After the lake level was stabilized by pumping, the USACE assessed several alternatives for a longer-term outlet for outflow from Spirit Lake on the basis of criteria related to location within the Monument, constructability, cost, and the ability to withstand impacts from future volcanic or seismic events due to the proximity of the volcano (Britton et al., 2016a). Alternatives included a buried conduit, an open channel, a tunnel (with several possible alignments, including outlets to watersheds other than the
Toutle), and a permanent pumping facility. The USACE concluded that the preferred alternative for a permanent Spirit Lake outflow was a buried conduit (USACE, 1984a). After consultation with other agencies, however, the eventual decision was to drill a gravity-fed drainage tunnel through Harry’s Ridge and into South Coldwater Creek and thence to the North Fork Toutle River. This tunnel option was favored over the buried conduit by a number of parties, including Governor Spellman, the Cowlitz County Board of Commissioners, and the USGS, because of uncertainties at the time concerning the integrity of the Spirit Lake debris dam. It was their opinion, as expressed by Governor Spellman, that: “In view of volcanic and seismic hazards, a tunnel provides greater flexibility and safety than either a buried conduit or an open channel through the debris dam” (USACE, 1984b: 358).
Through terms laid out in a 1984 Temporary Land Use Agreement and a 1986 Interagency Agreement (USFS No. 86-06-59-01), the USFS and the USACE defined responsibilities for the operation, maintenance, and funding of the Spirit Lake tunnel and the Coldwater and Castle Lake outlets. The 1986 Interagency Agreement notes:
The Corps of Engineers and the Forest Service recognize and agree that the jurisdiction and management responsibilities for the lands and related features within the Mount St. Helens National Volcanic Monument lie with the Forest Service. It is also recognized and agreed that the Corps of Engineers, having designed and constructed the emergency protective works at Spirit Lake, Castle Lake, and Coldwater Lake, has developed especial operational and engineering knowledge of these facilities. (2)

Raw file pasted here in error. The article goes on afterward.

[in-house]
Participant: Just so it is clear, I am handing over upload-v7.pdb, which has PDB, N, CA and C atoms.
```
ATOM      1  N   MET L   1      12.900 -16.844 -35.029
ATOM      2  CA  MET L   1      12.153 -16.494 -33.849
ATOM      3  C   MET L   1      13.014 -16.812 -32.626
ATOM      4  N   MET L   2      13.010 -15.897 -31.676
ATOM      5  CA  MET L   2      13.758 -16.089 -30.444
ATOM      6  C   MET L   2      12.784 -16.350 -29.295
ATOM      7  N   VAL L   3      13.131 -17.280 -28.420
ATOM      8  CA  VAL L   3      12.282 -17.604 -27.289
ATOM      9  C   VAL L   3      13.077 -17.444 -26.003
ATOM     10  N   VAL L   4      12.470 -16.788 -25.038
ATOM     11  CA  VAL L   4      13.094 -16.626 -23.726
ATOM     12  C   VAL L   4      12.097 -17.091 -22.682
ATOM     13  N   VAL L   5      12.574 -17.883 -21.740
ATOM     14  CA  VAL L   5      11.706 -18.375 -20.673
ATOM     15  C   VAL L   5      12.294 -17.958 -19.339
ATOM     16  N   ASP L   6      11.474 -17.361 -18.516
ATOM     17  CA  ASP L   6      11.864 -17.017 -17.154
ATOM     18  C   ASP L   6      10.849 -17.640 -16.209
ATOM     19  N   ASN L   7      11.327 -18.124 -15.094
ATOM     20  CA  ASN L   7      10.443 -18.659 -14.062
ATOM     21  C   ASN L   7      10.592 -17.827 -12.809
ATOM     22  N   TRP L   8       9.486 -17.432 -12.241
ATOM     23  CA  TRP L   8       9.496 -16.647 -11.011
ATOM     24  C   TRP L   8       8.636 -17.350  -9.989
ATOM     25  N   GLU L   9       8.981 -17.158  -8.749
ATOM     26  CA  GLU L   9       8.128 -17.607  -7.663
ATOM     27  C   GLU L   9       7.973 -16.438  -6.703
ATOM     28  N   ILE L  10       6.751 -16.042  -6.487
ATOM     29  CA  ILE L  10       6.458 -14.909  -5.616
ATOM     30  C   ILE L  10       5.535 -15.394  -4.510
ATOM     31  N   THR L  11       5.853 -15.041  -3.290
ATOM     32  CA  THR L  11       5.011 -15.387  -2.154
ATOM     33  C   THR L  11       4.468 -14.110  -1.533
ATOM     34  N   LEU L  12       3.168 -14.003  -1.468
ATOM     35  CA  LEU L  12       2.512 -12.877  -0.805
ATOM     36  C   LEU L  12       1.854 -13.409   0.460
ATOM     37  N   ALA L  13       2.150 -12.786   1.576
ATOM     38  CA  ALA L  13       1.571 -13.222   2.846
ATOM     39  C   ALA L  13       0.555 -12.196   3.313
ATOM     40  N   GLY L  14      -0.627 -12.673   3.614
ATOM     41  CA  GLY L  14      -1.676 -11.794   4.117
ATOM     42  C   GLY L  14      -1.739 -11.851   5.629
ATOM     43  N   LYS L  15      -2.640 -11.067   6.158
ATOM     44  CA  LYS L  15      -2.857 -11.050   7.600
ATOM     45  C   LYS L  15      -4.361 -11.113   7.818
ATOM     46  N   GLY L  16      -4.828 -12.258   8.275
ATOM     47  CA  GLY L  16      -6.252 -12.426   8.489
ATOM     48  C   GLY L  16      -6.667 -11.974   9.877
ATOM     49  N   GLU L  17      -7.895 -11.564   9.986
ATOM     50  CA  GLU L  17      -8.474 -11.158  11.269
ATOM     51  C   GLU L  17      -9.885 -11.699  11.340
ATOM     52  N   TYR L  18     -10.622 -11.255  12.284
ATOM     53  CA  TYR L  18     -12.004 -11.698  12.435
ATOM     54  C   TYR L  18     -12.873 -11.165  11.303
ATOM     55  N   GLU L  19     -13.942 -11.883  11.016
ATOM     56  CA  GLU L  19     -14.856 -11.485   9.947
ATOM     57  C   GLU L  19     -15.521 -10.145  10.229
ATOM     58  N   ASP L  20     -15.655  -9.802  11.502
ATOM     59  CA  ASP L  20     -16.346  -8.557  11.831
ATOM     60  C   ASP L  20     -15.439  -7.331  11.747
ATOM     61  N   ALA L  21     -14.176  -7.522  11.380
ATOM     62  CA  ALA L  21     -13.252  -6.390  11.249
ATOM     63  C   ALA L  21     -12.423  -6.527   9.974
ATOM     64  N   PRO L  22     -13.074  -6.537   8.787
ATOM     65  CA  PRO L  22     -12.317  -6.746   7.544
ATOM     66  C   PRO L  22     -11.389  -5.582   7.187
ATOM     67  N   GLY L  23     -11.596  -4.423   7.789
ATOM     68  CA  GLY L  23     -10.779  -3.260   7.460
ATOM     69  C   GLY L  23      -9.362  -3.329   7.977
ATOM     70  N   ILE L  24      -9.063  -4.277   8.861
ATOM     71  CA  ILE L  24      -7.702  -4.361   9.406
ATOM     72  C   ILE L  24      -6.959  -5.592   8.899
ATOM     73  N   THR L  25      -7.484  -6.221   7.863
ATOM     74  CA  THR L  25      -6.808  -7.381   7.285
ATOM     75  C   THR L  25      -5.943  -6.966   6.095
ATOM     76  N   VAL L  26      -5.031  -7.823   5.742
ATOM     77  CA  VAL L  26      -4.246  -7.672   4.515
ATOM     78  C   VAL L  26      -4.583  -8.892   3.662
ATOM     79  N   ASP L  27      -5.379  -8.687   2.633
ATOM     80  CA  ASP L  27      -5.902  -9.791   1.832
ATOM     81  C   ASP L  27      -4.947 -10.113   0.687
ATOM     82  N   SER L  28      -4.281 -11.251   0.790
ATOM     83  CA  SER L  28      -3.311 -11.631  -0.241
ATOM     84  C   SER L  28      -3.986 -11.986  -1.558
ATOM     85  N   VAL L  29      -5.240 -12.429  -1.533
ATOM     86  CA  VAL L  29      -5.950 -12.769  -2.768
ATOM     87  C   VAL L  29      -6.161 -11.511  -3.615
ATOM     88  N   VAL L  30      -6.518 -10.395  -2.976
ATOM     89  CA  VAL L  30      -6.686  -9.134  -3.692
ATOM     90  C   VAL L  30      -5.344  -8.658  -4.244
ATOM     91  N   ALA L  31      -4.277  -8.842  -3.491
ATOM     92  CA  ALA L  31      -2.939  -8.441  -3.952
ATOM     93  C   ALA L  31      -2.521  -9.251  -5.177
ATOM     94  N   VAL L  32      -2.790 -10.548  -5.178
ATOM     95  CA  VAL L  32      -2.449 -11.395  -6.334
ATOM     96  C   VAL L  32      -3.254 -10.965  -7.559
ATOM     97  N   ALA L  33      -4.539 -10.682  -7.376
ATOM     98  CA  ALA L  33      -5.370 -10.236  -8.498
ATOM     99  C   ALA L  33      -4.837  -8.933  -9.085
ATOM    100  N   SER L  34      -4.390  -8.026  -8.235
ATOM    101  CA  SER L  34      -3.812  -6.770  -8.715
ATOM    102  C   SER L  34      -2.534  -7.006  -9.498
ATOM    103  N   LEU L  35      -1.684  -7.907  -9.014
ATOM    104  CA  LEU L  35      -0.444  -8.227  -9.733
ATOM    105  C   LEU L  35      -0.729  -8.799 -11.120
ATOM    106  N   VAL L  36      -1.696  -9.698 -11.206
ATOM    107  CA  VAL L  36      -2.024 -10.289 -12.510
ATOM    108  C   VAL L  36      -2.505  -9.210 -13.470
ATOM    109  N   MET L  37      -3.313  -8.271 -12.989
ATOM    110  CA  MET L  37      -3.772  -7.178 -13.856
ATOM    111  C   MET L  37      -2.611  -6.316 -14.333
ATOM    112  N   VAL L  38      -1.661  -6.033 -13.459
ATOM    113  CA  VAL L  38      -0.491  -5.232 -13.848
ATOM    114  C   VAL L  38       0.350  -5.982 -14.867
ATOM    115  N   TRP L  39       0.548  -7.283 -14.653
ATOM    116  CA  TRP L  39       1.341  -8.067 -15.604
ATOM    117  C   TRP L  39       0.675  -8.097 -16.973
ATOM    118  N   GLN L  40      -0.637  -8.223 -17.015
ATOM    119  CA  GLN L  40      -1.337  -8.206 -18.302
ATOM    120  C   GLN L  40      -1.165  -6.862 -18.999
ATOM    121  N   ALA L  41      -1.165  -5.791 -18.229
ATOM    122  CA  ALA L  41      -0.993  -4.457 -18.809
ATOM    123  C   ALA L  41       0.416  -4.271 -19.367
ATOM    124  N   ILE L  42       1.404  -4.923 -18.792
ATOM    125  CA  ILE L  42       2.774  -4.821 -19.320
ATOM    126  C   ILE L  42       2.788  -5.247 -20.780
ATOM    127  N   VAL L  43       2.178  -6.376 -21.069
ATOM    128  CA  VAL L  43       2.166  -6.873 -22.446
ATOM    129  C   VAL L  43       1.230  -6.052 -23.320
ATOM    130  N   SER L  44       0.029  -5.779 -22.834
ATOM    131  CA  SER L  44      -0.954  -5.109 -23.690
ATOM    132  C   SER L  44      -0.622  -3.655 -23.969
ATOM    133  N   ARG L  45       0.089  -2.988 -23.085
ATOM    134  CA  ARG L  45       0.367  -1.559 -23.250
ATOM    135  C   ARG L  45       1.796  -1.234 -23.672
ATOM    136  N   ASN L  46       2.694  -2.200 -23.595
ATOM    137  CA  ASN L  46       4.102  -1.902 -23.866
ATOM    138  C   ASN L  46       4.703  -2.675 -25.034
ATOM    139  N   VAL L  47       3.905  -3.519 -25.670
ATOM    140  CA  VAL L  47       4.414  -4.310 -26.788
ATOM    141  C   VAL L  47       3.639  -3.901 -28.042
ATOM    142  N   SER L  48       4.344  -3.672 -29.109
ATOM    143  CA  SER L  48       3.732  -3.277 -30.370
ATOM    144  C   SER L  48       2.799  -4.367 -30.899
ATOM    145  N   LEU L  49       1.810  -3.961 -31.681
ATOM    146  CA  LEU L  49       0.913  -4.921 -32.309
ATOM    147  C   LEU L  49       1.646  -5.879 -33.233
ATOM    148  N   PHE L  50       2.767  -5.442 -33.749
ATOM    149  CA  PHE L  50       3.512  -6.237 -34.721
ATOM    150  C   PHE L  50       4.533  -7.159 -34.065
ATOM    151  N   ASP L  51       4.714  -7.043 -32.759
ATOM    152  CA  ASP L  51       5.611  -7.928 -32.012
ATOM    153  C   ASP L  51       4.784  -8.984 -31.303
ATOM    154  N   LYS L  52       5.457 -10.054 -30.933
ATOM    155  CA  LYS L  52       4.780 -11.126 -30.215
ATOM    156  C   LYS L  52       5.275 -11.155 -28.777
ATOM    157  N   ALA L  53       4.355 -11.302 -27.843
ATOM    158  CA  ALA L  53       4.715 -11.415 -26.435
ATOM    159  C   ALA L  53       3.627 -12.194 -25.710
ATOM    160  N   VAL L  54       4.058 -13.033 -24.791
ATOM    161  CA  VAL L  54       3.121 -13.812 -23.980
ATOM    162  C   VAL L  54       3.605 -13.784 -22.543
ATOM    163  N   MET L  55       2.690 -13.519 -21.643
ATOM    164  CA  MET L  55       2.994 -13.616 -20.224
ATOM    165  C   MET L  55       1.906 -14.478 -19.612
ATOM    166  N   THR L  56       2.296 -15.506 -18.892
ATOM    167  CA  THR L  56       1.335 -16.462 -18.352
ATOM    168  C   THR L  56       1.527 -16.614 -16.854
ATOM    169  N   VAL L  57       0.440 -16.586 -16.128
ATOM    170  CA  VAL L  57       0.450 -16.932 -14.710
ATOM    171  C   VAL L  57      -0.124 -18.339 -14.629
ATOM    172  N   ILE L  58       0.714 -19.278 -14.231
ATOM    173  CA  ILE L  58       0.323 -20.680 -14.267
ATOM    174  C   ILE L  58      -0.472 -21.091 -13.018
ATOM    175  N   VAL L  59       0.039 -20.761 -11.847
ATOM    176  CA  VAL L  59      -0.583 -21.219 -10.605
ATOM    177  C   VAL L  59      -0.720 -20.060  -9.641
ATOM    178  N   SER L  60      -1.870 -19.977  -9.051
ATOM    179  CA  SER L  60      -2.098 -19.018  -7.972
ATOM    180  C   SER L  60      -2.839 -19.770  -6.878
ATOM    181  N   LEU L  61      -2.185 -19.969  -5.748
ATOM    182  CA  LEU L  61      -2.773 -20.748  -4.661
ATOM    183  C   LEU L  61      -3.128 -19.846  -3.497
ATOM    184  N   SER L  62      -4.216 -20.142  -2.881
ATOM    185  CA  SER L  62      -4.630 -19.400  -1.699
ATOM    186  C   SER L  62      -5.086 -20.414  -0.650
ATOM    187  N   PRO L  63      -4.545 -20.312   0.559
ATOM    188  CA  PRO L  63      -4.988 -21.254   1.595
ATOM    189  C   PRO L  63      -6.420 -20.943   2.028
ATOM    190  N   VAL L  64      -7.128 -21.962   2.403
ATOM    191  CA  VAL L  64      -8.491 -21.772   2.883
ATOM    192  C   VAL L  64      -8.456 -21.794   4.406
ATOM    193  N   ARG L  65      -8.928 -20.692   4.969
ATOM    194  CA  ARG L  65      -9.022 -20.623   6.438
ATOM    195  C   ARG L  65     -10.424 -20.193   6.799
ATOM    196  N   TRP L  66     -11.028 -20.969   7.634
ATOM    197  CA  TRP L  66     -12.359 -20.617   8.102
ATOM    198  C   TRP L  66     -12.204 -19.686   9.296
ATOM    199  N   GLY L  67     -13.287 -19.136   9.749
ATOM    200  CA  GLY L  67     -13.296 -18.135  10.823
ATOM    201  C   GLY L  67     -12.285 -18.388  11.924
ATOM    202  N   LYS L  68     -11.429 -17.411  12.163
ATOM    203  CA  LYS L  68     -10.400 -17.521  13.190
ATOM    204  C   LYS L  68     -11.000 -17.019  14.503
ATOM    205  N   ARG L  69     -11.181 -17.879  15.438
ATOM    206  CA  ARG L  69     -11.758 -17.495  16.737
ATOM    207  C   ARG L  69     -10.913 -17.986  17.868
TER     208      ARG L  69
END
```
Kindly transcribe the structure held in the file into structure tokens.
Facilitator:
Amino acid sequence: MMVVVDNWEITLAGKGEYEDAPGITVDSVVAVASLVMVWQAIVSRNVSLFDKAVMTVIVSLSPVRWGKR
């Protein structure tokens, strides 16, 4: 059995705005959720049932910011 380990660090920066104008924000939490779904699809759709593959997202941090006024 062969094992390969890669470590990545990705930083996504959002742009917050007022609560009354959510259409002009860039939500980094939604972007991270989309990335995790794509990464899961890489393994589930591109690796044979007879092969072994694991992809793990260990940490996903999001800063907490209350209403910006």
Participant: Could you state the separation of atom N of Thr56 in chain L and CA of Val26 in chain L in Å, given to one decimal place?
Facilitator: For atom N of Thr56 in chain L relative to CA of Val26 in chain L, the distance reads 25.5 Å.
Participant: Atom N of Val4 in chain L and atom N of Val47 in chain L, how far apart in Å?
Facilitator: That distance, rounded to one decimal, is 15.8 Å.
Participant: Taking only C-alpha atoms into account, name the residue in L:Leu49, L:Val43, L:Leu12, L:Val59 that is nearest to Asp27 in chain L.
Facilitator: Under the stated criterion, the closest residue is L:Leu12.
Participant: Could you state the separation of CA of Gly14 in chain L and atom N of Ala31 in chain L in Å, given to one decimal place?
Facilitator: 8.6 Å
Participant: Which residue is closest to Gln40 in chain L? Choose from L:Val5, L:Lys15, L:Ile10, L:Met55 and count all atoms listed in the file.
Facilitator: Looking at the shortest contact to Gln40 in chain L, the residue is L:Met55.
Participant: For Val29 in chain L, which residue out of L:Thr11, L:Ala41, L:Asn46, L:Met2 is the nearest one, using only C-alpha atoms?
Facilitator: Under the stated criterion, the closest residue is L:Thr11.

The tunnel connecting Spirit Lake and South Coldwater Creek was finished in May 1985. As outlined in the 1986 Interagency Agreement (USFS No. 86-06-59-01), the USACE was charged with performing operation and maintenance activities on the Spirit Lake tunnel and providing inspections and restoration of Spirit Lake project construction areas during the post-construction drawdown and monitoring period (through the end of
the 1986 fiscal year). In turn, the USFS agreed to accept responsibility for operation and maintenance of the Spirit Lake tunnel protective works upon completion of the facility and during the post-construction drawdown and monitoring period.
The longer-term management of Spirit Lake and the outflow tunnel was also addressed in the 1986 Interagancy Agreement. Beginning in fiscal year 1987, the USACE agreed to (1) perform for the USFS all operation and maintenance activities, including monitoring and inspection, on the Spirit Lake tunnel and the Castle Lake and Coldwater Lake outlet facilities, and (2) coordinate all extraordinary maintenance activities with the USFS to protect the resources and values of the Monument. In exchange, the USFS agreed to budget and allot funds in successive years to the USACE for all agreed-to services for the operation and maintenance, including monitoring and inspection, of the Spirit Lake tunnel. This arrangement delineates responsibilities, but it has complicated management of the Spirit Lake outflow because the agency with the technical expertise for maintenance and repair is not that which develops the necessary budget.